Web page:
Digging deep into Sydney’s past

Excavation_at_York_Street_northBasement and underground station deep actually! Did you know that under The Strand Arcade was the Ambassador’s Cafe? It was opened in late 1923 and the cafe was in the newspapers off and on throughout 1924 because of the illegal sale of liquor. You can imagine me jumping for joy when I discovered this. In point of fact this last week I’ve been seriously thinking of changing the opening chapter to January 1924 instead of October. Maybe even have my main character Sarah visiting the cafe on that fateful night in February. Just a thought…

At the moment I’ve written only four and half pages. This is the first novel that I have actually started without doing at least several months research beforehand, which is why I’m in a bit of a pickle. Very early on I was planning a garden party to be hosted at Sarah’s house in October with her controlling mother in her element and Sarah dodging as many eligible and boring bachelors as she can. But I’m guessing that not many garden parties in the twenties would have been hosted in the middle of summer. If I go ahead with the change in timeframe to accommodate all those lovely police raids I will have to forfeit the garden party.

I am now stuck wondering what social event the mother could organise in January – if any at all! You see this is just one of the many challenges historical writers face when they are recreating the past as accurately as they can. Challenges surface, more research is needed and then you stumble on an interesting fact that can trigger a scene, an event, even a very important location in the storyline.

I stumbled on the Scottish Women’s Hospitals in 2010 and what those women achieved during WWI ended up being a major theme in The Grey Silk Purse. In Paris Next Week, my new manuscript, my theme is the lost generation of the twenties – the frenetic surface glitter of their lives which I believe was a actually a psychological recreation to the great losses of WWI. How I can depict that aspect of history and still create an enjoyable novel is the task I’ve set myself, as well of course as getting to know Sydney in 1924.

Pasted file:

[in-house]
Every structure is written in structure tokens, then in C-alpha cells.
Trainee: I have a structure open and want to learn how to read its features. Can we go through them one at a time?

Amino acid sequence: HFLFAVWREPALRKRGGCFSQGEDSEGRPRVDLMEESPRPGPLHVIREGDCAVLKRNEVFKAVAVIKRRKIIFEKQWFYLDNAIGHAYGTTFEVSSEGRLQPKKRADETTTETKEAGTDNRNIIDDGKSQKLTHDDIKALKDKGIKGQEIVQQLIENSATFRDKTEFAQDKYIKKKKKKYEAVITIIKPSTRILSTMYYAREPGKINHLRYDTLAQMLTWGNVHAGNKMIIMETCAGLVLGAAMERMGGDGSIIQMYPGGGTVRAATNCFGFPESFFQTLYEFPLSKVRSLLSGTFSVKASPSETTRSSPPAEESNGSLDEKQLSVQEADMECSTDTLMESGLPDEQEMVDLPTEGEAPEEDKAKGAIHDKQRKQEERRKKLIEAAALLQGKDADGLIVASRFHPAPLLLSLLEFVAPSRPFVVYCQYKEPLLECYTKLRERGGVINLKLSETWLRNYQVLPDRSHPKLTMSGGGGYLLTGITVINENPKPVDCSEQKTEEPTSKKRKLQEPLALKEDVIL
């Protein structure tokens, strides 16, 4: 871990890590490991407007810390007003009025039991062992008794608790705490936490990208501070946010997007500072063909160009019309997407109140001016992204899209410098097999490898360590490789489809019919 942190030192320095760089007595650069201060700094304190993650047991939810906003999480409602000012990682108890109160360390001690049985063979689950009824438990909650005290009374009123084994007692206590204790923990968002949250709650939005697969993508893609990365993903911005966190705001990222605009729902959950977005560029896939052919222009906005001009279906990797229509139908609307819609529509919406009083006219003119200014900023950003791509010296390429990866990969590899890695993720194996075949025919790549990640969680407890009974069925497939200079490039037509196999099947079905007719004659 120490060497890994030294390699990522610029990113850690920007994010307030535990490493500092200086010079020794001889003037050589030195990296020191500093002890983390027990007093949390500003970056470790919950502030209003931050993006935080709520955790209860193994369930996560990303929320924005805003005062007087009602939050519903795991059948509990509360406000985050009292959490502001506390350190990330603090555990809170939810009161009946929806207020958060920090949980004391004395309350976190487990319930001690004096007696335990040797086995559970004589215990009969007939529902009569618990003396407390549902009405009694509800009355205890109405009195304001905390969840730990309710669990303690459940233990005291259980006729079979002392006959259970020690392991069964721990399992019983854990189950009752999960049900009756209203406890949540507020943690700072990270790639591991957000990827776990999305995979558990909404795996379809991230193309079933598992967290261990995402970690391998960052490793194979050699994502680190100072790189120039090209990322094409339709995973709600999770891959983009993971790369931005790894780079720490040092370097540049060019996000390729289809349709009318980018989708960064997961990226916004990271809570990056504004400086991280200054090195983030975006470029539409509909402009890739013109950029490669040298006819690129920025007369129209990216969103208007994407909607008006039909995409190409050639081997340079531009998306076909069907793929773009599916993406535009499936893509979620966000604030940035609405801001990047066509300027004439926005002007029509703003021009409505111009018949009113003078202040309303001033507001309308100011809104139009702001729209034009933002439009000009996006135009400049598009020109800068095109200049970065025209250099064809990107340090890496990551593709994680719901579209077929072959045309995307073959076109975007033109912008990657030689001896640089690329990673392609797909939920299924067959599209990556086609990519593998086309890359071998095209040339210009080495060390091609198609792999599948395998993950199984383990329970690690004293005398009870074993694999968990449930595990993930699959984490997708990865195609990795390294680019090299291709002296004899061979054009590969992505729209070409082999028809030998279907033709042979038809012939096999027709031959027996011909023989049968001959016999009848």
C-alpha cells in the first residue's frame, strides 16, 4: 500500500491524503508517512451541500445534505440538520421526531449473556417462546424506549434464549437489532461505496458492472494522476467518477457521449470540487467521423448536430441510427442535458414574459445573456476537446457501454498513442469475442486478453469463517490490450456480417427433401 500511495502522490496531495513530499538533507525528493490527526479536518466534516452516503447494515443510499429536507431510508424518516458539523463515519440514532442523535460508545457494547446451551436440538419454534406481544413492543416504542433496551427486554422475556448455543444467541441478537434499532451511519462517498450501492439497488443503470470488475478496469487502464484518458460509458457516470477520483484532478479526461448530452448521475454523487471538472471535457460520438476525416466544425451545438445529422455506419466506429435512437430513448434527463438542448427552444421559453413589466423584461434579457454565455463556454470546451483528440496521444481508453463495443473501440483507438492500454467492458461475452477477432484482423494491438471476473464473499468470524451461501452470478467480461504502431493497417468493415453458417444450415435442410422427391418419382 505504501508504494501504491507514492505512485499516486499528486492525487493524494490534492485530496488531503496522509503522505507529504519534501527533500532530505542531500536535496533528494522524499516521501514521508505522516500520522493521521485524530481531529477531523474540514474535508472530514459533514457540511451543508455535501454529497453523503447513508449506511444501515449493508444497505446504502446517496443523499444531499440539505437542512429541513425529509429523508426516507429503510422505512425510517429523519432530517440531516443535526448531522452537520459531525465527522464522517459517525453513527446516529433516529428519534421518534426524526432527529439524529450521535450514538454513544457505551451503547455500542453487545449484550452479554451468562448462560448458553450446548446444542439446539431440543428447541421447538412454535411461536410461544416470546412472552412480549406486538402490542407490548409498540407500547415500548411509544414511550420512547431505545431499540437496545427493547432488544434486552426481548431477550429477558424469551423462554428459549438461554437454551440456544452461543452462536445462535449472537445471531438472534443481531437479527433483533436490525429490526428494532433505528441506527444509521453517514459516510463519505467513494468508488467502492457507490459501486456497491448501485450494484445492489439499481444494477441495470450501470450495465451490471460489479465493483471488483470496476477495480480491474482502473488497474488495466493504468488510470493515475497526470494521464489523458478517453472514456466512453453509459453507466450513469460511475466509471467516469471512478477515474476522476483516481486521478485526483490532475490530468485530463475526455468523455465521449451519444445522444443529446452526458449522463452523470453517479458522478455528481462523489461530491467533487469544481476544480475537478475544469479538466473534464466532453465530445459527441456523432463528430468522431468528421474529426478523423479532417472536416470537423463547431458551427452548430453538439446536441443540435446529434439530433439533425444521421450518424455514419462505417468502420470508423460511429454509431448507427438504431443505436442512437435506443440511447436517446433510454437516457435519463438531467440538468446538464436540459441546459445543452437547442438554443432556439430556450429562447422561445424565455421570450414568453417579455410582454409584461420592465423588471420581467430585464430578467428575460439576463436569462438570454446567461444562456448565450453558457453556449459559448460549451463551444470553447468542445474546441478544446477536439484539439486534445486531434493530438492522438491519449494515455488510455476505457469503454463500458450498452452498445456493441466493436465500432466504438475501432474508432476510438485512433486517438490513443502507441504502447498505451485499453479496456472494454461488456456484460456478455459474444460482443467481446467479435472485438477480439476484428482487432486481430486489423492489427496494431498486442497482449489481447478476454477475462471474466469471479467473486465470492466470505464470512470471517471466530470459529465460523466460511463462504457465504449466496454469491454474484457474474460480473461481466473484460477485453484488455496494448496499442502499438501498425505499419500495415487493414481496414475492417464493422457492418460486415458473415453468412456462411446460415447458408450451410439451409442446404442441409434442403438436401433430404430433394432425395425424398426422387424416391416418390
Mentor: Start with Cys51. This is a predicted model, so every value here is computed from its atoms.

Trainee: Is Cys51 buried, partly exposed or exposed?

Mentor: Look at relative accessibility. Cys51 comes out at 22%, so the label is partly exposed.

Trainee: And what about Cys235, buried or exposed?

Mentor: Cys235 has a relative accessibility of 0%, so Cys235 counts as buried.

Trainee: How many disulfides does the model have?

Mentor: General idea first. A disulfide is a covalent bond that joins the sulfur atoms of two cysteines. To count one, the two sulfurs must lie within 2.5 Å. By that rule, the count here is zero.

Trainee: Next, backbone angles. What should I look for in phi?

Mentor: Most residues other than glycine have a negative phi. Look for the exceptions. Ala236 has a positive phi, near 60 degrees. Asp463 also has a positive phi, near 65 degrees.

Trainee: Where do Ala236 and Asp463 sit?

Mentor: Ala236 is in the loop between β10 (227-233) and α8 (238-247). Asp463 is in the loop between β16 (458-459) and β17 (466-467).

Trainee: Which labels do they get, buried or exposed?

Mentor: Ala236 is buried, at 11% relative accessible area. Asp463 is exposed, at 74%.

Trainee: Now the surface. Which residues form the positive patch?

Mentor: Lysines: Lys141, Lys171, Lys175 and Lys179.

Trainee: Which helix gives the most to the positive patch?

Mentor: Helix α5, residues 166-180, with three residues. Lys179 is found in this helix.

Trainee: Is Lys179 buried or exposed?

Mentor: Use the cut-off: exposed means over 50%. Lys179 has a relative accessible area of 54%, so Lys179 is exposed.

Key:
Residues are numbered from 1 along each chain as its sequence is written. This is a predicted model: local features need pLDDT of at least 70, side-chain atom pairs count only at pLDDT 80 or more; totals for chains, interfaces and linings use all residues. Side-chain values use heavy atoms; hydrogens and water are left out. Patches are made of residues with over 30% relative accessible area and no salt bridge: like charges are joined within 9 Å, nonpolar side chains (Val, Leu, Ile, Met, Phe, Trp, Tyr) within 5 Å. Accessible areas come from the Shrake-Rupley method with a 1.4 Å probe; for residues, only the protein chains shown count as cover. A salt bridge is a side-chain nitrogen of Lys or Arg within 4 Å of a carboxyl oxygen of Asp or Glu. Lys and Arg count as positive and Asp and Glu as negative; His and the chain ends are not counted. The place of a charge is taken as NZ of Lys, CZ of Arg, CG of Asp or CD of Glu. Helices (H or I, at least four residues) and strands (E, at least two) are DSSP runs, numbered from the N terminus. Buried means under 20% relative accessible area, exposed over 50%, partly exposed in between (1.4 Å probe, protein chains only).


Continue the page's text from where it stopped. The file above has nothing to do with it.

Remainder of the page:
It’s early days yet but I already know that Hyde Park was a mess from construction of St James Station so I can’t have Sarah and her beau conducting a romantic walk there. The very famous Australian restauranteur Azzalin Orlando Romano worked at the Ambassador’s cafe before opening his own restaurant. There was a police raid on Maxine’s – a dance hall in 1924 (another scene in Paris Next Week very possibly) and according to Jack Lindsay there was at least one coffee shop called Mockbells but more details are proving elusive. Something called The Blues was the new dance craze and there was a Hungarian cafe in Castlereagh Street. Heady stuff! This is where I long for the Tardis to just nip back to 1924. Oh to scout around and be a fly on the wall! I can only hope to do Sydney in 1924 justice.

Stay tuned.

How Many Drafts of Your Novel Should You Do?

My answer is six and that is probably my average. If the book proves problematic then I’ve reached eight but that’s generally my maximum. I’ve heard other writers speak of astronomical numbers such as 18, 27, 34 and even fifty odd.  I immediately think how do they do that many drafts? But me being a suspicious person, when I hear such amazing figures I often wonder what they consider constitutes a draft. Say, maybe a quick adjustment of a few words here and there, a scan and then start again? Is that what they call a draft? Put the thing away for a week or so, pick it up again, flick through, change another paragraph and that’s draft 25 for you? I don’t know of course. I can only tell you what my methods are so here goes…